Sylvia Rivera

In honor of LGBTQ+ History Month


Chloe Ly, Staff Writer

Sylvia Rivera was a Latina American gay liberation and transgender rights activist, who also worked as a community worker. She co-founded the Street Transvestite Action Revolutionaries (STAR) with her close friend Marsha P. Johnson. This was a group that was dedicated to helping homeless young drag queens, gay youth, and trans women. She identified as a drag queen and also participated in demonstrations with the Gay Liberation Front.

Sylvia was born on July 2, 1951, in New York City, New York. She became an orphan at three-years-old since her father abandoned her early and her mother committed suicide. After that, she was raised by her grandmother, but ended up becoming homeless at the age of 11 due to her grandmother’s disapproval of her feminine behavior. She ran away from home and was forced to work as a child prostitute. Later, she was taken in by a community of drag queens. During different times in her life, she had suffered from substance abuse and living in the streets.

Sylvia’s started her activism at the age of 18, after she joined the Gay Activists Alliance in 1970. Not only did she fight for the rights of gay people, but she also fought for the inclusion of drag queens like herself in the movement. She also fought for the rights of people of color and low-income LGBT people. To show the community that they are not alone, she used her voice to help unite the community by sharing her stories, pain, and struggles. STAR fought for the New York City Transgender Rights Bill and for a trans-inclusive New York State Sexual Orientation Non Discrimination Act. She had conflicts with the Human Rights Campaign and Empire State Pride Agenda and attacked them since they were organizations that were standing in the way of transgender rights. It is said that Sylvia would exaggerate her importance by claiming that she has been active since the civil rights movement. She had also claimed that she was present in the Stonewall Riots when Marsha P. Johnson was praised for being involved. However, Marsha P. Johnson had denied it and Sylvia couldn’t prove her claim.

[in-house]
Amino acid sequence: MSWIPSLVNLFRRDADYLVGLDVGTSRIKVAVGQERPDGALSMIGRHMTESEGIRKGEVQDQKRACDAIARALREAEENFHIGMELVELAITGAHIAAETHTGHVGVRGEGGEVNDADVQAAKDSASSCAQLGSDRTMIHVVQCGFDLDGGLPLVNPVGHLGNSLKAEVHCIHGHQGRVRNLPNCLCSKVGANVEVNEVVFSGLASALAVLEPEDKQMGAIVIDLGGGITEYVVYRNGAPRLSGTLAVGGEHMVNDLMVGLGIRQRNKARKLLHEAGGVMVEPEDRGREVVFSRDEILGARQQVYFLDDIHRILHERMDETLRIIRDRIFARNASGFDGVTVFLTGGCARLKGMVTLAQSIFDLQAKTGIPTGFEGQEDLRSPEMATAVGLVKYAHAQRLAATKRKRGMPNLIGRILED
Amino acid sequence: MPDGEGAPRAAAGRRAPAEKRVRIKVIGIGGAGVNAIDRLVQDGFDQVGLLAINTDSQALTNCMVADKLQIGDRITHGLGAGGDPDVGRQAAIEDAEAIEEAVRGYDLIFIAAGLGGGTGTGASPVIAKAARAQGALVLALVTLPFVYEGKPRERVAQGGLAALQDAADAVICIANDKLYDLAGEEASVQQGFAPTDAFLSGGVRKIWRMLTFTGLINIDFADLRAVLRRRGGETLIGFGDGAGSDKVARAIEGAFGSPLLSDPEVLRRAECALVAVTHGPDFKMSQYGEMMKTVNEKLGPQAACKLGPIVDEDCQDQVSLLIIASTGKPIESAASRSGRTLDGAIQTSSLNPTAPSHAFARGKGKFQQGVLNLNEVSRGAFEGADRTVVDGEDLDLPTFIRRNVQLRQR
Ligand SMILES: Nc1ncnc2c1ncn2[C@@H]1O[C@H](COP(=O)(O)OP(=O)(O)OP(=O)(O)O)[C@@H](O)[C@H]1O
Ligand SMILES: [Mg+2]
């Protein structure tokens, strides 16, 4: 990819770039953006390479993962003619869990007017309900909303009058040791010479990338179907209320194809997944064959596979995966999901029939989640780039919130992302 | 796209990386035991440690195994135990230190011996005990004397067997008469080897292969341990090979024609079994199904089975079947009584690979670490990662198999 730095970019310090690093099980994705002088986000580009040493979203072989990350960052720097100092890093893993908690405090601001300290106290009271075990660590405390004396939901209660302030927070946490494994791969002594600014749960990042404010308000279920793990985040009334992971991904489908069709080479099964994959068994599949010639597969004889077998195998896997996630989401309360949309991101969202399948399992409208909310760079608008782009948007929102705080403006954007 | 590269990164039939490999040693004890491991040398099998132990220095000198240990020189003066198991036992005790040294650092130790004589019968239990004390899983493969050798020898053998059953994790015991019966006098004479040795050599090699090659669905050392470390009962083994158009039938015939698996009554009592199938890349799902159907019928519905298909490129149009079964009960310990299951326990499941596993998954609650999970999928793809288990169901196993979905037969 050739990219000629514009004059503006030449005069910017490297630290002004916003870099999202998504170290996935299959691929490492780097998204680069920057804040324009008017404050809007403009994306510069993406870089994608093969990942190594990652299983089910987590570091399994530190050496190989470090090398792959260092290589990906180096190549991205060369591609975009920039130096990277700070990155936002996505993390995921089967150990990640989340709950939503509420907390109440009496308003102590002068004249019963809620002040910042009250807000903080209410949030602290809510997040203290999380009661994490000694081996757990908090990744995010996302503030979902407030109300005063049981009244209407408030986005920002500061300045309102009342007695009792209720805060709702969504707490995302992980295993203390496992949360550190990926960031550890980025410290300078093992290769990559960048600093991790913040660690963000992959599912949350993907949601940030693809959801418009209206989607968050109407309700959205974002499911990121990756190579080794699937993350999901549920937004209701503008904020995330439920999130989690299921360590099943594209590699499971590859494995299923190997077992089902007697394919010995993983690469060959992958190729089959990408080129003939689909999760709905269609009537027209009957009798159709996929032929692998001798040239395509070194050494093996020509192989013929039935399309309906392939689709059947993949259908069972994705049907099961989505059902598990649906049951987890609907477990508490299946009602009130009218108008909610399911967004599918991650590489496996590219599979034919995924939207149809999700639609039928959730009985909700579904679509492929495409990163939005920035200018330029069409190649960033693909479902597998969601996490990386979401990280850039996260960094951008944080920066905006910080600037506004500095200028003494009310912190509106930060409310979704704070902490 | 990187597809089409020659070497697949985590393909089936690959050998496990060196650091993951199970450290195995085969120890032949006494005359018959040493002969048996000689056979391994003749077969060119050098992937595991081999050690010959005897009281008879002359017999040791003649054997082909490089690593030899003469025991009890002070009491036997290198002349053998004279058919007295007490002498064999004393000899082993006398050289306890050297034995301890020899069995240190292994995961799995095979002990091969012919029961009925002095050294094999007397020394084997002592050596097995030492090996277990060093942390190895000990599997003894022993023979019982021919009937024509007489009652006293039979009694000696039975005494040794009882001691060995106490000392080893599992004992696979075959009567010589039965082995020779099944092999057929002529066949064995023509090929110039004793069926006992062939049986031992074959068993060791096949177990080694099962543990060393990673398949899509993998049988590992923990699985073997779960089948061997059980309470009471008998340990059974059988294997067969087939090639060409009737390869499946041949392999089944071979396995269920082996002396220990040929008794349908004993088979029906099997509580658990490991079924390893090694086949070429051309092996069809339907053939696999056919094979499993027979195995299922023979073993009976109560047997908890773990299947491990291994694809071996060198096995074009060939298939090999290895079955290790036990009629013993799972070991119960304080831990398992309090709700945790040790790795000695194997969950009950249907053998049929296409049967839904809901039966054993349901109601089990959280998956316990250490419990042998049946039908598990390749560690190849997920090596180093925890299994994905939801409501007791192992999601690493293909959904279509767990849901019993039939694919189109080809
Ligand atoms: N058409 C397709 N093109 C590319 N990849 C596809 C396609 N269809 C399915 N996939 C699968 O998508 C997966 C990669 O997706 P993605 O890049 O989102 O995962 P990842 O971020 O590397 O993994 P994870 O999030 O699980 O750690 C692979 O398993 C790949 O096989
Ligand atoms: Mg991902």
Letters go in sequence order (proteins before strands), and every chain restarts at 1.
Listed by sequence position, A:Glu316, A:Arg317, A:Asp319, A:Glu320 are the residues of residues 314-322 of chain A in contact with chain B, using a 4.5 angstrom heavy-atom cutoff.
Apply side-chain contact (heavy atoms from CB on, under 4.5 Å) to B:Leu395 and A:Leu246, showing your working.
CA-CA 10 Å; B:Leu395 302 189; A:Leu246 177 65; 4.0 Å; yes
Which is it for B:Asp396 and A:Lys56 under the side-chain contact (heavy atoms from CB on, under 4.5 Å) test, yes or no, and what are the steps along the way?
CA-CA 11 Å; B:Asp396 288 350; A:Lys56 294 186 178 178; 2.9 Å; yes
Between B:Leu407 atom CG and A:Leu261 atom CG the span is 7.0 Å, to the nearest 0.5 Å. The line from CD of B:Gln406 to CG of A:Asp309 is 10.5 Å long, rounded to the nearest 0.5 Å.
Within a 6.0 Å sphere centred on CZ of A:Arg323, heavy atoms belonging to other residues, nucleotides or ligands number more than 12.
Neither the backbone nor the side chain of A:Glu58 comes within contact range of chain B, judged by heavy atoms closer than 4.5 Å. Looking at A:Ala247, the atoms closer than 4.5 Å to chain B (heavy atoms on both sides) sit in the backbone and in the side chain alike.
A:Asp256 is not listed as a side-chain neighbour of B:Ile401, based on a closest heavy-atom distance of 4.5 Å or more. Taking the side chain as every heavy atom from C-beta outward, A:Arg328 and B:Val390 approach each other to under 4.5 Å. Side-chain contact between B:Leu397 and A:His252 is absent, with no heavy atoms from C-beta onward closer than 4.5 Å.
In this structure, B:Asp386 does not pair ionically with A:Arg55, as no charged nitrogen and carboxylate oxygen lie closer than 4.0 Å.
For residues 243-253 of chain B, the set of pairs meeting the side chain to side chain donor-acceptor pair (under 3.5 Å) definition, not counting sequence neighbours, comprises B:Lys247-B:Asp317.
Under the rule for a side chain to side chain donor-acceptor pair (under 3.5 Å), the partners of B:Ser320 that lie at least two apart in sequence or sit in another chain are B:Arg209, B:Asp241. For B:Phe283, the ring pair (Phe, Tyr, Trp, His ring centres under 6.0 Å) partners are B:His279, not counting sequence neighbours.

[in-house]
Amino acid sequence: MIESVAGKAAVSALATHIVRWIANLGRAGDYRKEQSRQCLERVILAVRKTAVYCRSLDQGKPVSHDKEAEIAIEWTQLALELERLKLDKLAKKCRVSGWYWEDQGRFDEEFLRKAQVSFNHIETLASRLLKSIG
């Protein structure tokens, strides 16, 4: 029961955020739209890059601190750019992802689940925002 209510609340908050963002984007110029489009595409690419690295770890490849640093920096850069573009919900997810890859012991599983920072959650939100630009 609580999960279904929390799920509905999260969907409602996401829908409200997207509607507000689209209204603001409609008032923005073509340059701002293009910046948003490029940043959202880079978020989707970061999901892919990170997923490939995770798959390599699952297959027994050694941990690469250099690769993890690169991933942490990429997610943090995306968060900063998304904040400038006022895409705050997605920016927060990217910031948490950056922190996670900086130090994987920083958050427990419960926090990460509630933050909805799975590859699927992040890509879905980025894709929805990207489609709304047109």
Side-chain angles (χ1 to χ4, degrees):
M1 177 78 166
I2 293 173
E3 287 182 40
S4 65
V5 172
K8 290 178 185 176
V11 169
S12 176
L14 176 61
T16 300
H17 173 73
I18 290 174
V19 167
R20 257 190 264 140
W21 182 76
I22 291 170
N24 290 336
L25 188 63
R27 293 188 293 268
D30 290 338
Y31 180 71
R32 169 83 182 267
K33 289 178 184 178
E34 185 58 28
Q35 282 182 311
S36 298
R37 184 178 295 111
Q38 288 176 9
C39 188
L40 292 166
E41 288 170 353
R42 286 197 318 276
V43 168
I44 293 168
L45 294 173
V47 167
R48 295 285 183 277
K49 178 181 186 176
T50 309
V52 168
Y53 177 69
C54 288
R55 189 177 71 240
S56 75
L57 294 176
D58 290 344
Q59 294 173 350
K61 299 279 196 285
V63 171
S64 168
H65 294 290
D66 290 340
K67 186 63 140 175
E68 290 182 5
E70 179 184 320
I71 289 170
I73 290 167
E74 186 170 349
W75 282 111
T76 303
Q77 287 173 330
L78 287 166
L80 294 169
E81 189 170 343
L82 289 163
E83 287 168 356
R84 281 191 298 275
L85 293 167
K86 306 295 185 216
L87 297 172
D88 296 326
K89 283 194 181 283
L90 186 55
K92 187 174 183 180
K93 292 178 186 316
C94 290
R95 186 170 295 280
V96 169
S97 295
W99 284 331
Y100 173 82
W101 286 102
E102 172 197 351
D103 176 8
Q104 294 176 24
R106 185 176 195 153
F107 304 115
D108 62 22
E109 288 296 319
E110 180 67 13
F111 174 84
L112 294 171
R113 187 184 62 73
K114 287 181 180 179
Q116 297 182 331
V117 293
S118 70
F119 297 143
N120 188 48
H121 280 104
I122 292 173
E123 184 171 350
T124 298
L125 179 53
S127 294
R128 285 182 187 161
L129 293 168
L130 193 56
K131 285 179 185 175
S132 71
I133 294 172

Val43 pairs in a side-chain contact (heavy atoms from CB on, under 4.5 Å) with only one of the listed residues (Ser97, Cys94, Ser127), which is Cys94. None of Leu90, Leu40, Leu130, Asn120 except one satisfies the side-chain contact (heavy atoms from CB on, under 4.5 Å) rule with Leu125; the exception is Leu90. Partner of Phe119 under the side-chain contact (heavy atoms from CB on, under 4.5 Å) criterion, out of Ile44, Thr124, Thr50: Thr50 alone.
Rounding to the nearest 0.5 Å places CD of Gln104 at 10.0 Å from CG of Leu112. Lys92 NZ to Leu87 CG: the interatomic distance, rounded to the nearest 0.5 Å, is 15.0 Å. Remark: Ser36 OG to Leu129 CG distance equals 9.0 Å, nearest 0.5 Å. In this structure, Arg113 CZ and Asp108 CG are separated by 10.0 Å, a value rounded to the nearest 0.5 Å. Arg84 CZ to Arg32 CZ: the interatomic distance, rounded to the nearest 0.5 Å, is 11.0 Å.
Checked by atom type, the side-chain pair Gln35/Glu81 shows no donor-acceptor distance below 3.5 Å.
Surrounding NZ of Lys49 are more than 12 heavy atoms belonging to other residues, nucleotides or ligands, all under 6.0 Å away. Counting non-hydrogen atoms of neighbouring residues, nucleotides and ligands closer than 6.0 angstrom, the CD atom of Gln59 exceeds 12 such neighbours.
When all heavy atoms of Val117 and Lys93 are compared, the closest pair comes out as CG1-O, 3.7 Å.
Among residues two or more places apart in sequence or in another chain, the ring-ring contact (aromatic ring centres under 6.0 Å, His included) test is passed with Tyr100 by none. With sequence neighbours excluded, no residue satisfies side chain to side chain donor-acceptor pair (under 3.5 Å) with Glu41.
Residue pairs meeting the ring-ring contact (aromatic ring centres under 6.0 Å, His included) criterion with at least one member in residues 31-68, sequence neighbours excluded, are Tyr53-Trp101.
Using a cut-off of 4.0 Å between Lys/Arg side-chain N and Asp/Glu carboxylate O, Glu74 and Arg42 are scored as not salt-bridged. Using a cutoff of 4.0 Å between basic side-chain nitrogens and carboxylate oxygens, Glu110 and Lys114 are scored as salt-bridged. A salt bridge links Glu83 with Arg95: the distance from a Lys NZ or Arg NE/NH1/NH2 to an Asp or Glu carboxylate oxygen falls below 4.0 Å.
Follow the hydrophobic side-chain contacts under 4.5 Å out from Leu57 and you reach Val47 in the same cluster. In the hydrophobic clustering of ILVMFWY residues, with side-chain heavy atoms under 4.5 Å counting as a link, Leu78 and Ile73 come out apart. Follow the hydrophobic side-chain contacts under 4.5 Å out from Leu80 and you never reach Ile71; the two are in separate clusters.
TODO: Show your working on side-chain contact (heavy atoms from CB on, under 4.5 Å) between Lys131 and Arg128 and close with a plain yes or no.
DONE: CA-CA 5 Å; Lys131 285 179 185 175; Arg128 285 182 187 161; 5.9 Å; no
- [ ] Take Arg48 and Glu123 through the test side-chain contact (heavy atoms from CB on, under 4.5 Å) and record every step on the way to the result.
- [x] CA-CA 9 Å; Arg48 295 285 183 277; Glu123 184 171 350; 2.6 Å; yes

Sylvia died of complications from liver cancer on February 19, 2002, at St. Vincent’s Hospital. To honor her, there were projects, organizations, streets, and many more that were named after her. Some examples is the queer youth center called Sylvia’s Place and a street named Sylvia Rivera Way. In 2019, a large mural of Sylvia Rivera and Marsha P. Johnson went on display in Texas and it was announced that there will be a monument to commemorate them in New York’s Greenwich Village.